I've had two questions swirling in my head over the past several years: Is a career in learning intentional and planned? And, what triggered your role in the learning field? To find the answers, I have been conducting a personal survey by chatting with hundreds of learning professionals at global, national and local events.
Their stories highlight the random and often circuitous routes learning folks have taken. Here are a few of the most common responses:
Subject-matter experts and on-the-job training:A large number of learning colleagues started out in operational roles such as customer service, sales, engineering or health care. Excellence and availability led them to serve as on-the-job resources for others and escalated into informal subject-matter-expert, or SME, roles, that evolved into formal learning roles. Most have no learning certifications but have been developed by their organizations.
Educator into corporate trainer:Although the total number of classroom trainers in corporate education is decreasing because of the rise of digital assets, many learning colleagues teaching backgrounds. Some taught K-12 or higher-education. Others were dedicated teachers in their religions, athletic clubs or other avocations; managers noticed their passion and skill and learning opportunities followed.
Techie does learning:Other learning leaders came from a tech background. Many evolved into e-learning developers from graphic design or programming roles. IT geeks worked on learning management systems or supported virtual classroom platforms and were snatched up by learning departments. As learning became more technical, techies were recruited to the learning field.
HR/talent — to and from learning:The most common background connector was human resources. Many learning colleagues started out as HR generalists and then evolved into learning roles. And, the process continues as many learning professionals evolve toward talent and HR roles as their next steps.
Writers write learning:I continue to meet lifelong writers who bring their competency in writing to authoring, editing or curating content in workplace learning. Some of the younger learning professionals I met started as bloggers or social media “passion-istas,” and now play key roles in collaborative learning or content formatting.
Video experts into learning experts:As workplace video, and user-created video content in particular, has grown, a number of learning organizations haverecruited colleagues with videography expertise. Recently, I met four learning professionals who worked in corporate communications and were brought over to play key roles in learning and development.
Mommy, I want to be an instructional designer: Few reported a childhood desire to work in learning. Learning professional is not a role we see on TV shows growing up, and rarely do our aunts or uncles share stories with us as kids about the power of Experience API for content-sharing.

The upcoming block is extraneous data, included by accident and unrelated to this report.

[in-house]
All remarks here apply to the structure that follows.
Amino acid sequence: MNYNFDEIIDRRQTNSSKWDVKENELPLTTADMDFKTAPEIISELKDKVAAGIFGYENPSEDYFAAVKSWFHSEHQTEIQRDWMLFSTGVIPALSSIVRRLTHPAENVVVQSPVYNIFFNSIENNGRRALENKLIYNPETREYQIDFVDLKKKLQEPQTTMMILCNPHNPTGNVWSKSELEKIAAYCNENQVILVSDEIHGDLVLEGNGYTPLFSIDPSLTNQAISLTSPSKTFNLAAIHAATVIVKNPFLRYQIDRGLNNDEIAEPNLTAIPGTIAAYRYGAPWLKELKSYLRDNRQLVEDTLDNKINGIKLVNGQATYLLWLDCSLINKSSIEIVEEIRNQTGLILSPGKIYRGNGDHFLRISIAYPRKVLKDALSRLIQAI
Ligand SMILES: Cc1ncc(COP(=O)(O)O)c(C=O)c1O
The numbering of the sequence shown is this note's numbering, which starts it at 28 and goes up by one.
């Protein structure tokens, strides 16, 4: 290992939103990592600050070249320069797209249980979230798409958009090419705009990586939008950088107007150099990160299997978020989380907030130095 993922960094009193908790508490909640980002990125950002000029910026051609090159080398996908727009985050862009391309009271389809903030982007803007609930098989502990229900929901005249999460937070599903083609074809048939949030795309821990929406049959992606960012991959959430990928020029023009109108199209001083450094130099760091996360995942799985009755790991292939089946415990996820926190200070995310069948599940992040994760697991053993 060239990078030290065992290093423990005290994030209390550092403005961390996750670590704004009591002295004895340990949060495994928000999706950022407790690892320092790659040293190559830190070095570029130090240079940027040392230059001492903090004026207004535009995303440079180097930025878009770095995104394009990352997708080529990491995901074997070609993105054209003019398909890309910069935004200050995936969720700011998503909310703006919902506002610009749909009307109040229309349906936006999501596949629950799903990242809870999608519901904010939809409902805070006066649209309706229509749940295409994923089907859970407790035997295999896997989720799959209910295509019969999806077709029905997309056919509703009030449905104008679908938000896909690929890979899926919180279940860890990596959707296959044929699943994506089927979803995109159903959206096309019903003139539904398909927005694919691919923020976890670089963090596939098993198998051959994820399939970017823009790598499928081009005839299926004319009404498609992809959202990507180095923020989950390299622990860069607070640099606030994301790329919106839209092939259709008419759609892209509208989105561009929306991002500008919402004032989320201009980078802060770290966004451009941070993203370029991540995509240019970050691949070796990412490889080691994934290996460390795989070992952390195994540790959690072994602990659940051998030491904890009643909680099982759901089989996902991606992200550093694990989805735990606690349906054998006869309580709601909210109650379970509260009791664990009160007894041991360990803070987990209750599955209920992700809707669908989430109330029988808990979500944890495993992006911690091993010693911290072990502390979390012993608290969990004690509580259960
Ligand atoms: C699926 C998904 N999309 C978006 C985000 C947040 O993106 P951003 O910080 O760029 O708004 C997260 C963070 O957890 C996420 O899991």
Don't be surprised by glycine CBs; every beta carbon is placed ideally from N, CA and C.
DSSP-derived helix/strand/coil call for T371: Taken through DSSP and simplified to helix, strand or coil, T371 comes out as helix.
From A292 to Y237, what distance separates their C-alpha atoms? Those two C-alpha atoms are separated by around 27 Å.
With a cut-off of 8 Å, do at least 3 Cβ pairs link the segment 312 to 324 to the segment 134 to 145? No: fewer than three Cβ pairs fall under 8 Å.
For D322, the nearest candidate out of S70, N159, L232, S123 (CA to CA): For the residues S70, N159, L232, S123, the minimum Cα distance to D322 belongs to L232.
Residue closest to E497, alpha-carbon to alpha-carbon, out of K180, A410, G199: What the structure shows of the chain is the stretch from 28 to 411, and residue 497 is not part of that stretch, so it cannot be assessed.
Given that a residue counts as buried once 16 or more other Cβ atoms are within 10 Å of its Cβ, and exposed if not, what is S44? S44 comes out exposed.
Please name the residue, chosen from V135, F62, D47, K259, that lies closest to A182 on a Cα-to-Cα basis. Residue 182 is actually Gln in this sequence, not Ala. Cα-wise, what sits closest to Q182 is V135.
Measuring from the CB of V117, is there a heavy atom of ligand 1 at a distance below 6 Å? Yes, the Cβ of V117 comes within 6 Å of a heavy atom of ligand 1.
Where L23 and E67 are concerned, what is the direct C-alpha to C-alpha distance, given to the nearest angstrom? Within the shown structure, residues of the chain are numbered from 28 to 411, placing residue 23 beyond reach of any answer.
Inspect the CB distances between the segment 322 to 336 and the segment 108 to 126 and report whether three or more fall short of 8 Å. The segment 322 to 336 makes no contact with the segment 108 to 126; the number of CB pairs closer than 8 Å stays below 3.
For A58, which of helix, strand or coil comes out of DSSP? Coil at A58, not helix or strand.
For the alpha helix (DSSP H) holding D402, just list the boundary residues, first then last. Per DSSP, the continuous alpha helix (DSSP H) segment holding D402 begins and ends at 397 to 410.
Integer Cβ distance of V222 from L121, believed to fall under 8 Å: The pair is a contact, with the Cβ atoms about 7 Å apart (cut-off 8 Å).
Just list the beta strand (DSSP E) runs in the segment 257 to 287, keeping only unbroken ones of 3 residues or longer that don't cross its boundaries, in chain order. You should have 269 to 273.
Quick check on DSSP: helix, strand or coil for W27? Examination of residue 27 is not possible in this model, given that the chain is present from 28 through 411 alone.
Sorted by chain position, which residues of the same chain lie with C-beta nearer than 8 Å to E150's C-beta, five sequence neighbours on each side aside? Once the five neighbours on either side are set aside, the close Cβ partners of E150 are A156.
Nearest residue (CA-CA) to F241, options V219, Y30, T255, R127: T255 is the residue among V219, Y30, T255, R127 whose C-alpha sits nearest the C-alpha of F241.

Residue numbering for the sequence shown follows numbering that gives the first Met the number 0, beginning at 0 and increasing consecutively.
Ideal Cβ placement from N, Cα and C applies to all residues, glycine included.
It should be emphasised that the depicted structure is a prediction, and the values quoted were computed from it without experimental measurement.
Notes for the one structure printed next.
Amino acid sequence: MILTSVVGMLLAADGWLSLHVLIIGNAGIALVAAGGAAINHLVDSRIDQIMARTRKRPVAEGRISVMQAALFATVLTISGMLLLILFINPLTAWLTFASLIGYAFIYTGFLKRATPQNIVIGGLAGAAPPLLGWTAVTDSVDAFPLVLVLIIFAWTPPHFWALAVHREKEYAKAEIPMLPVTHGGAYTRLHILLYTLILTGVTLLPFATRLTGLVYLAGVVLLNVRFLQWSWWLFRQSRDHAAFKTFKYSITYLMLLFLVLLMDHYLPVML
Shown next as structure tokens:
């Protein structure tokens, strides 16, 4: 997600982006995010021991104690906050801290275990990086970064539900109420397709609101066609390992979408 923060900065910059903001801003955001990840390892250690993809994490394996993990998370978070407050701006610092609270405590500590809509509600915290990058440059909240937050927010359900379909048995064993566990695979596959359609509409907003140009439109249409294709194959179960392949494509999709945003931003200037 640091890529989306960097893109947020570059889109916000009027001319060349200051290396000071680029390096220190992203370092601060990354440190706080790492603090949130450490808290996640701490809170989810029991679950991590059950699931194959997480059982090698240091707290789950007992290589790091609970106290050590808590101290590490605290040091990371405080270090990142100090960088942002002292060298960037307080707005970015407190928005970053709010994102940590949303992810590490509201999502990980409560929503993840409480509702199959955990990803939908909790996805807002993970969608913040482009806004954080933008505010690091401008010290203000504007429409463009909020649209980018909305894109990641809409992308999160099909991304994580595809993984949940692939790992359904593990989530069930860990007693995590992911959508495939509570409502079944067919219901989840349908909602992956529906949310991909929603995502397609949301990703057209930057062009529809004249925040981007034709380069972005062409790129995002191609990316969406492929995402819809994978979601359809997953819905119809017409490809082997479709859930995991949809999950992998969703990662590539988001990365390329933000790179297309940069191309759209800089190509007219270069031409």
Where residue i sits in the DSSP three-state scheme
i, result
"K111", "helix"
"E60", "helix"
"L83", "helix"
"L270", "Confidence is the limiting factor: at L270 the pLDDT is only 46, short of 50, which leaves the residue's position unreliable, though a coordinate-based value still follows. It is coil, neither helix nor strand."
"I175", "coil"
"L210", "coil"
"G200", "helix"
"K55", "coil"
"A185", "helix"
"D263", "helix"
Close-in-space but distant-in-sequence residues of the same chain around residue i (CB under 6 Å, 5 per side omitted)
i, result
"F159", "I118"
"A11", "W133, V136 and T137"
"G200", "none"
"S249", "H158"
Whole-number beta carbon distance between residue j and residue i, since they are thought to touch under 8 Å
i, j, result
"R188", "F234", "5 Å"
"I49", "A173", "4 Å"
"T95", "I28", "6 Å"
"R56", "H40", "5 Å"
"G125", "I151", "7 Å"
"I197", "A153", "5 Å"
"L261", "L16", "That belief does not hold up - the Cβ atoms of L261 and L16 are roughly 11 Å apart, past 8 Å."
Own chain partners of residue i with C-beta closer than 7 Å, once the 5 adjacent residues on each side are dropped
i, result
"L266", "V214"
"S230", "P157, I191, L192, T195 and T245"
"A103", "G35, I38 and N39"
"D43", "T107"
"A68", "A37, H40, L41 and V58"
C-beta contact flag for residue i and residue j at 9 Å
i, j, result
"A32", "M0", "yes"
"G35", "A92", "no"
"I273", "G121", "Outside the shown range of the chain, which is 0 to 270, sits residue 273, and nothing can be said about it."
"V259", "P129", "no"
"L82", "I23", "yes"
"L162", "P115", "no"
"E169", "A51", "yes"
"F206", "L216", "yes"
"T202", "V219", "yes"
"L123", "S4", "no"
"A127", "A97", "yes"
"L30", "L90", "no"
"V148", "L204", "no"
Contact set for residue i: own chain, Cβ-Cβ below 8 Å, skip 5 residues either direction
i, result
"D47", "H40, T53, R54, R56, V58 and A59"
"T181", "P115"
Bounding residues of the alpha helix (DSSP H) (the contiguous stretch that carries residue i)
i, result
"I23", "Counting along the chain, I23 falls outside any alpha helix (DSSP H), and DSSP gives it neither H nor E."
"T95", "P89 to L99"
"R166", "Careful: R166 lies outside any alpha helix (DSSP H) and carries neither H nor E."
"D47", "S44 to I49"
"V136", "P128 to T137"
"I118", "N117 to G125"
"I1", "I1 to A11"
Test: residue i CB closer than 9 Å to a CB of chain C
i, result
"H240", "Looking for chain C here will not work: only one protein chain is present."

Formal degrees in learning:There is also a slice of our field that came through bachelor’s, master’s or doctoral programs in learning. The most common degree is a master’s, often in instructional design, that was earned after years of workplace experience. Others come through programs focusing on psychology or coaching, or through an MBA with a performance focus.
Before retirement: Learning is often the last role for an individual within an organization. In the worst situations, the person retiring in one or two years might be housed in a senior learning position before departure. Sadly, I know of a few CLO roles that were considered “safe storage” positions. But, on the positive side, what a powerful role these folks can play as mentors, coaches or SMEs, building on lifetimes of experience.
We in learning have often experienced pretty random career paths. And, as technology, learningassumptions and user-created content increase, the randomness will continue. A role in learning may just be a chapter in one’s career after which he or she moves on to other positions with a continuing passion for workplace development.
Whatever the reason someone adopts a learning role, no matter how random the career path might be, we should build a better brand for these kinds of careers and even degrees to support the skills, competencies and performance of these organizational leaders. Our colleagues, our companies and even our countries will need learning professionals to meet the challenges related to continual change.